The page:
Viewing the Lacock postcards

On 6 Nov. 2015, 58 attendees of the 2015 Braddock Road Preservation Association (BRPA) participated in a narrated trip from Dunbar’s Camp (Jumonville), PA to Ft. Cumberland, MD and back to Jumonville, PA for the remainder of the seminar.  On the return trip, they stopped at the Ort Library to view the John Kennedy Lacock Collection. This is the first time that the entire collection was available for viewing.  The members were surprised to see such a large collection of materials on Braddock Road in one location.  Throughout the weekend, the members referenced the Lacock Collection & its value to researchers on the history of the French and Indian War and western expansion.

Viewing original documents

The Braddock Road Preservation Association is an advisory organization that seeks to research, develop, interpret and promote the French and Indian War history of Jumonville, Dunbar Camp, and the Braddock Road.  For more information see http://braddockroadpa.org.

The John Kennedy Lacock Collection, Braddock Road materials and more on the French and Indian War are available for browsing or research in the Dr. David M. Gillespie Special Collections, Ort Library, Frostburg State University. To browse the collection, please call or email MaryJo Price, 301 687-4889 or mprice@frostburg.edu.

What-I'm-Reading-Wednesday: Don't Let the Pigeon Drive the Bus! by Mo Willems

Mo Willems, writer and illustrator extraordinaire, has won my 3 year old's heart for life.  We have read and reread, and read some more Don't Let the Pigeon Drive the Bus!  This children's book tells the story of a very determined Pigeon who only wants to help your child by driving a city bus.  The Pigeon's simple dreams are crushed by the driver of the bus who asks your child to watch the bus until he returns.  The driver emphatically tells your child "don't let the pigeon drive the bus".  Laughter ensues as the Pigeon asks your child in every possible way to let him drive the bus before the Pigeon breaks down and throws a horrible tantrum.  But then a huge dump truck appears! The Pigeon's dream of driving the city bus quickly turns into an even grander idea of driving a monster sized dump truck.  The Pigeon's happiness is restored!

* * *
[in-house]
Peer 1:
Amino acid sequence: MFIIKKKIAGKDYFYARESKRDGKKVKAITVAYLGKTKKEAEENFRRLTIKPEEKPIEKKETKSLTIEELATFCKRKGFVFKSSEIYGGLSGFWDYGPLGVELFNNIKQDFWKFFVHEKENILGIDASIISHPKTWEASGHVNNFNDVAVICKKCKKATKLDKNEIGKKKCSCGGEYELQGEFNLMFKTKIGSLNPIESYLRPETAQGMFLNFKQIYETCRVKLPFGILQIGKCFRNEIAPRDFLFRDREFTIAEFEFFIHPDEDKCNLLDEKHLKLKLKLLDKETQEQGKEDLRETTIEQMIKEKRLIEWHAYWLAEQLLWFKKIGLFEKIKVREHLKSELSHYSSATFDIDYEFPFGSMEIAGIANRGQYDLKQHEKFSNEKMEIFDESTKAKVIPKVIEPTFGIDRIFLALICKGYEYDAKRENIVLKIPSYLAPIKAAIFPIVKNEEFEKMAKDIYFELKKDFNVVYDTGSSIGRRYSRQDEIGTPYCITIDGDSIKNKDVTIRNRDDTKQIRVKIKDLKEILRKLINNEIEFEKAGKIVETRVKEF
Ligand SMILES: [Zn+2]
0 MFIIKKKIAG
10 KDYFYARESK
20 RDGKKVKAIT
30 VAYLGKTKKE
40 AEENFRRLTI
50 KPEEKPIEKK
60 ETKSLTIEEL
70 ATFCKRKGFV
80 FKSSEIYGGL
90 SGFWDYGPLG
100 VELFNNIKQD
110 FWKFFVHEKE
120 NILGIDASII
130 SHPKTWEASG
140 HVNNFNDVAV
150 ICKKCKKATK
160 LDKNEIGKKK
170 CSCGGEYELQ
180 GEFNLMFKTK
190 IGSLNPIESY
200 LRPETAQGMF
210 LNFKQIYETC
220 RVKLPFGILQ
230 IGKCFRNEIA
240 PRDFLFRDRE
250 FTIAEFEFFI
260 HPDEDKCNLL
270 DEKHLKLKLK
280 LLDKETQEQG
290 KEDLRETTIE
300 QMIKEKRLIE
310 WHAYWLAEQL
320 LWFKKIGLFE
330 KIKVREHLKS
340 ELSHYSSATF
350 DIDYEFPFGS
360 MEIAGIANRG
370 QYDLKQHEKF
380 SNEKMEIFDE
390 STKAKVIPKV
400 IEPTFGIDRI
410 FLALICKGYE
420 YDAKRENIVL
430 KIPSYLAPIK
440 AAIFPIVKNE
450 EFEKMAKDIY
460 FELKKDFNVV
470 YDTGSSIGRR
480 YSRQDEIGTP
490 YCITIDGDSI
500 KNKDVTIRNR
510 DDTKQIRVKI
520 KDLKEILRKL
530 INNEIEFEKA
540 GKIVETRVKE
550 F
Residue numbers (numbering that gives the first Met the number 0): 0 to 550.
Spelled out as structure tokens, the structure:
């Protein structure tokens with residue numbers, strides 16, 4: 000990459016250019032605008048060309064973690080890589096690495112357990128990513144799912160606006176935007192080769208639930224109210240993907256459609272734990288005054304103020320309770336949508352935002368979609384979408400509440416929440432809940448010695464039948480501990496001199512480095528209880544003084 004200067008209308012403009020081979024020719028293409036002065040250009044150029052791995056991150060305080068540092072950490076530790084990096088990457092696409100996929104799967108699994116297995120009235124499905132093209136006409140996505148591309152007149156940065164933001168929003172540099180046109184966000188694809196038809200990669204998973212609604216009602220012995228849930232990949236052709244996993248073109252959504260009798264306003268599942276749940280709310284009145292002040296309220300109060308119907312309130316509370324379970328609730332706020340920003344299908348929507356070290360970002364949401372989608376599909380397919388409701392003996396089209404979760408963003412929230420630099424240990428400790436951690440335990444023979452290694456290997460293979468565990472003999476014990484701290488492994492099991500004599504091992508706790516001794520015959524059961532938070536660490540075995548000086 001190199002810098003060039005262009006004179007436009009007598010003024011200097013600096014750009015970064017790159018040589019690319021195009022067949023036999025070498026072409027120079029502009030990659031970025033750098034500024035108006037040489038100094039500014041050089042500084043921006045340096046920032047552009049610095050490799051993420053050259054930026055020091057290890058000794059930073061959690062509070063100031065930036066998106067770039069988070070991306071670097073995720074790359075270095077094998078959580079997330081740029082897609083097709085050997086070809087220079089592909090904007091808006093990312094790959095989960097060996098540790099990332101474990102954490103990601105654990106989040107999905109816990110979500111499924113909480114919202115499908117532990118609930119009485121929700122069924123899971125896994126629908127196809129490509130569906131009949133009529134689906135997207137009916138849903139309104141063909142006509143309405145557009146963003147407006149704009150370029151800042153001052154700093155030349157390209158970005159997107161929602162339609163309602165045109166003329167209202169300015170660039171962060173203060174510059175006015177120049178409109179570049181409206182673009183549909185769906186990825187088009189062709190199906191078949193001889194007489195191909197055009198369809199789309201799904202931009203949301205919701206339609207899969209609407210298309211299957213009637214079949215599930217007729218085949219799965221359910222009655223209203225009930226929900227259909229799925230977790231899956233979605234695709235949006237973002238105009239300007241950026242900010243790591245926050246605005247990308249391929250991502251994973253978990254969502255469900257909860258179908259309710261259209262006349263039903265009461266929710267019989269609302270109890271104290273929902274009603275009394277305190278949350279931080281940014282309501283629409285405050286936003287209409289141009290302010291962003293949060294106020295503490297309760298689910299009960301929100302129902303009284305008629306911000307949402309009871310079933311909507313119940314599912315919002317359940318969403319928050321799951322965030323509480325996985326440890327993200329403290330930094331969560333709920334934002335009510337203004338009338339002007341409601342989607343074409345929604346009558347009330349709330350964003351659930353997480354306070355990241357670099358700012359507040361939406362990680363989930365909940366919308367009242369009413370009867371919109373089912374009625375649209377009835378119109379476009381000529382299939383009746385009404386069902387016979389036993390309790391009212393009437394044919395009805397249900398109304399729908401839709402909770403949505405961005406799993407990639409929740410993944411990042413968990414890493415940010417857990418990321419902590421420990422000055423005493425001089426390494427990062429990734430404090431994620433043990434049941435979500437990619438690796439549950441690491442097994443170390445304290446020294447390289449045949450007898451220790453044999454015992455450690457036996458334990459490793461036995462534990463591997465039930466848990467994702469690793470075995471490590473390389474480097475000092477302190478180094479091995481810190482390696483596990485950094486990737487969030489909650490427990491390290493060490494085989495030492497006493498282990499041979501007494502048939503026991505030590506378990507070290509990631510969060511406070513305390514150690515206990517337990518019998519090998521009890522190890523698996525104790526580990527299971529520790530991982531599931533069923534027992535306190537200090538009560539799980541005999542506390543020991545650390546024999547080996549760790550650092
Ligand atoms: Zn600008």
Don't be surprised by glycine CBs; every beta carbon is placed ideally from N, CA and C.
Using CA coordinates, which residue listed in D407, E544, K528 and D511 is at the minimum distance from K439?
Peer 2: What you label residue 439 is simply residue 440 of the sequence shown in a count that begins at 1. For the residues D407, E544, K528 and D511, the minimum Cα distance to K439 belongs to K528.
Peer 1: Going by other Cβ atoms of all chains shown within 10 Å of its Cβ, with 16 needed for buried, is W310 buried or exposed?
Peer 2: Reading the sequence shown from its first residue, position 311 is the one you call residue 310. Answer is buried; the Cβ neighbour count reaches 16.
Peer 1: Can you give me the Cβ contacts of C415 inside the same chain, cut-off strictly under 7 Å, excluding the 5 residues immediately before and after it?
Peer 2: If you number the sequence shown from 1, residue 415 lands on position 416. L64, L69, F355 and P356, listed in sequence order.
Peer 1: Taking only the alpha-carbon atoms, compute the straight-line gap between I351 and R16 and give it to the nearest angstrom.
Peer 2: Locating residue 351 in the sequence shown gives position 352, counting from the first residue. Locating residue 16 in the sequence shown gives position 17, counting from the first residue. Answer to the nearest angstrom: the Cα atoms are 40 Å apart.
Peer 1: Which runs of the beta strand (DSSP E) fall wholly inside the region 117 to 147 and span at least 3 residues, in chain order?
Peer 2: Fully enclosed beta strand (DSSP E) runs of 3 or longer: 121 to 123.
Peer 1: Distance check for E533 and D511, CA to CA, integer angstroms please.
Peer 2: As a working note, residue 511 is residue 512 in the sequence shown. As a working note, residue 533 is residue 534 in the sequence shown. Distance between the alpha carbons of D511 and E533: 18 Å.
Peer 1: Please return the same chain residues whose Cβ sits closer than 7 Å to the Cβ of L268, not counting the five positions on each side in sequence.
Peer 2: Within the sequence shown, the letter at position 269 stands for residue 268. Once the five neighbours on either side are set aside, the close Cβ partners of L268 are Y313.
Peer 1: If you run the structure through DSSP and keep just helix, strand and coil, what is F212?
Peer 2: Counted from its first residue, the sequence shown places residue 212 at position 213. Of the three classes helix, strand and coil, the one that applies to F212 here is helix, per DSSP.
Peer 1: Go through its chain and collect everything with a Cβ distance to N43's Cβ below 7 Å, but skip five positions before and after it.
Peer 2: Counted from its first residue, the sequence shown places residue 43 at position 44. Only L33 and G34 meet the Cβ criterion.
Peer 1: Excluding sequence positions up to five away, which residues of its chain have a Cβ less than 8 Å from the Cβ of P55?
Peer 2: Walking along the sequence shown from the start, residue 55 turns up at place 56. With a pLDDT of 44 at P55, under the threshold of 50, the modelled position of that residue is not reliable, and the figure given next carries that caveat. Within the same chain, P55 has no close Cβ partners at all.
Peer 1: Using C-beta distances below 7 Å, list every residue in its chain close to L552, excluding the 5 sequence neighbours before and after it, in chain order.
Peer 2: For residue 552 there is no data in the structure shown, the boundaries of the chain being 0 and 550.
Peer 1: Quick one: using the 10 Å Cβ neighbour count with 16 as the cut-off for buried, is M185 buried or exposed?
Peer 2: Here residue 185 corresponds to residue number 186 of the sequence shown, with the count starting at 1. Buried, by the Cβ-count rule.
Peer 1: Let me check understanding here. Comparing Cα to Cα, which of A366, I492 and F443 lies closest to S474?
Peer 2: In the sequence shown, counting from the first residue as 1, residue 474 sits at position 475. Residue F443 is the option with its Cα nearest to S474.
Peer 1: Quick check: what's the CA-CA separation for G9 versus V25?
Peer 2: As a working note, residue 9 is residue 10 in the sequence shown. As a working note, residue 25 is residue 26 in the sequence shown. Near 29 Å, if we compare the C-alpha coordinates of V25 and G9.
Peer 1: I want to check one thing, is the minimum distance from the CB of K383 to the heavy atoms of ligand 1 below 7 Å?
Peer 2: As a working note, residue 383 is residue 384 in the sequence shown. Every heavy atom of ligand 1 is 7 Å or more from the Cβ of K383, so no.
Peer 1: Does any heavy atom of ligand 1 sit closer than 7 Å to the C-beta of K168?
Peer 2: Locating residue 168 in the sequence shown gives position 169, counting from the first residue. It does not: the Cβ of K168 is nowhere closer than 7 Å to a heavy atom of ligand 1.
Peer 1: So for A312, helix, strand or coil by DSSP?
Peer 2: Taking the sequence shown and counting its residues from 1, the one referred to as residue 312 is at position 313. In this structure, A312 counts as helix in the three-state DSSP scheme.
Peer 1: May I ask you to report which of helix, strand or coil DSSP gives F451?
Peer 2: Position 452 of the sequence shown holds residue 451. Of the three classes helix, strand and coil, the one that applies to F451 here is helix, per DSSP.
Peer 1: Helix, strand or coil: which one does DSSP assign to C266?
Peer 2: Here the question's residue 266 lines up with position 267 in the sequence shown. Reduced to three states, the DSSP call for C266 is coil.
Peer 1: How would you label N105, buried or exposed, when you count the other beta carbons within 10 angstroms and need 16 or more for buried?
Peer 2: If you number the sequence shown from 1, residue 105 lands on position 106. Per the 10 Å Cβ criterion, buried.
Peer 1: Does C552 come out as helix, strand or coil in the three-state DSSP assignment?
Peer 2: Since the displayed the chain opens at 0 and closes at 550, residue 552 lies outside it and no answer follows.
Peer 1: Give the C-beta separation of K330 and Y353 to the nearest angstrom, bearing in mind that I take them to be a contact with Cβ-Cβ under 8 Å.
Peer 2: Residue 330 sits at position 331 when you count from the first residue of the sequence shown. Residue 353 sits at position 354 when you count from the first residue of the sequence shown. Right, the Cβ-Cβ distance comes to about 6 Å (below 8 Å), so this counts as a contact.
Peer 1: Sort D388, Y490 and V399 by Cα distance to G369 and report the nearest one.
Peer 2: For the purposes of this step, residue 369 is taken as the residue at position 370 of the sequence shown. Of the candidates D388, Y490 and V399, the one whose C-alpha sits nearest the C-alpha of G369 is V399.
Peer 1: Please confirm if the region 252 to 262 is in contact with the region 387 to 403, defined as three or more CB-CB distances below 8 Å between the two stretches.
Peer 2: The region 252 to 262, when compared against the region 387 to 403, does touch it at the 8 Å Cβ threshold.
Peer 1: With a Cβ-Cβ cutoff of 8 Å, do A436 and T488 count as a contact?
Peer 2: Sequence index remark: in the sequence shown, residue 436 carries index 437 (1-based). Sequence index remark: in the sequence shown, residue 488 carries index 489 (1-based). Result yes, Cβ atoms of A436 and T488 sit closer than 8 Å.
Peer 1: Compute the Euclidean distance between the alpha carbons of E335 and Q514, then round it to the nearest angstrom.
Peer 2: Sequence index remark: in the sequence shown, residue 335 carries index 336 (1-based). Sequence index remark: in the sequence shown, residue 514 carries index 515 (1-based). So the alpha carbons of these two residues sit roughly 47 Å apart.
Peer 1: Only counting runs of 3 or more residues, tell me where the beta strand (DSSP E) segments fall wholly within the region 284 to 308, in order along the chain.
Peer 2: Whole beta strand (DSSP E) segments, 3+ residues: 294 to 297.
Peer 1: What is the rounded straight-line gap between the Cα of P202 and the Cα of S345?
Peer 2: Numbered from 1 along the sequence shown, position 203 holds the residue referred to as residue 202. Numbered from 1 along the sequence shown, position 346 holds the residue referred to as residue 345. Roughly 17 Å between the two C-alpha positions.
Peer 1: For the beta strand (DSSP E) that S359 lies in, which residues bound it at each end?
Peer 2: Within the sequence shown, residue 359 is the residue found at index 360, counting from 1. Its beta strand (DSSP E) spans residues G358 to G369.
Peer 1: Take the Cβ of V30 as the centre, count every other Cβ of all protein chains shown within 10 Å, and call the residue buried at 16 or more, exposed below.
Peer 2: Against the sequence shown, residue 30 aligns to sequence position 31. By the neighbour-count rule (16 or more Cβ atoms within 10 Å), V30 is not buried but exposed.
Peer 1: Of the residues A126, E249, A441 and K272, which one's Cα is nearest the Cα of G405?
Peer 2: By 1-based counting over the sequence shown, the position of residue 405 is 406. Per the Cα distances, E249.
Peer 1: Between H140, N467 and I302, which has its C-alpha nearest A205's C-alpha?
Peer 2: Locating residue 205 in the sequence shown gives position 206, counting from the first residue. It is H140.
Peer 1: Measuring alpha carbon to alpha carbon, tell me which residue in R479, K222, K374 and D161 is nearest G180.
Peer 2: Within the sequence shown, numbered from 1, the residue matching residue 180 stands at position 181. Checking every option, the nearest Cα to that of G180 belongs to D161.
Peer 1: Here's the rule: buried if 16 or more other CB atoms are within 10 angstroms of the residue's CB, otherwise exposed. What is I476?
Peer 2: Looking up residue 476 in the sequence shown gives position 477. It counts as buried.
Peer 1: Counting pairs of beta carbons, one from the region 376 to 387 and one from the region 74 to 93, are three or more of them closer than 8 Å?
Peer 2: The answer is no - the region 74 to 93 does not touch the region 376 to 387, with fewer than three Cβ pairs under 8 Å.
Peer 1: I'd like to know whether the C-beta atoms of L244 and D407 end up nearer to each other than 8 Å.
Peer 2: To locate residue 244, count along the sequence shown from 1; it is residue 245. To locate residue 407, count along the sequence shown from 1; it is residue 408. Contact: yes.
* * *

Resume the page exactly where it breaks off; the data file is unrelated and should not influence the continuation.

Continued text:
The book's genius is in relating the Pigeon's behavior to a toddler's.  My daughter would laugh and laugh as she told the Pigeon "NO!" over and over, much like her parents have said to her.  As the Pigeon has a meltdown, my daughter would sadly shake her head and say "Poor Pigeon!"  My daughter's giggles would return when she and the Pigeon saw the huge dump truck make an appearance.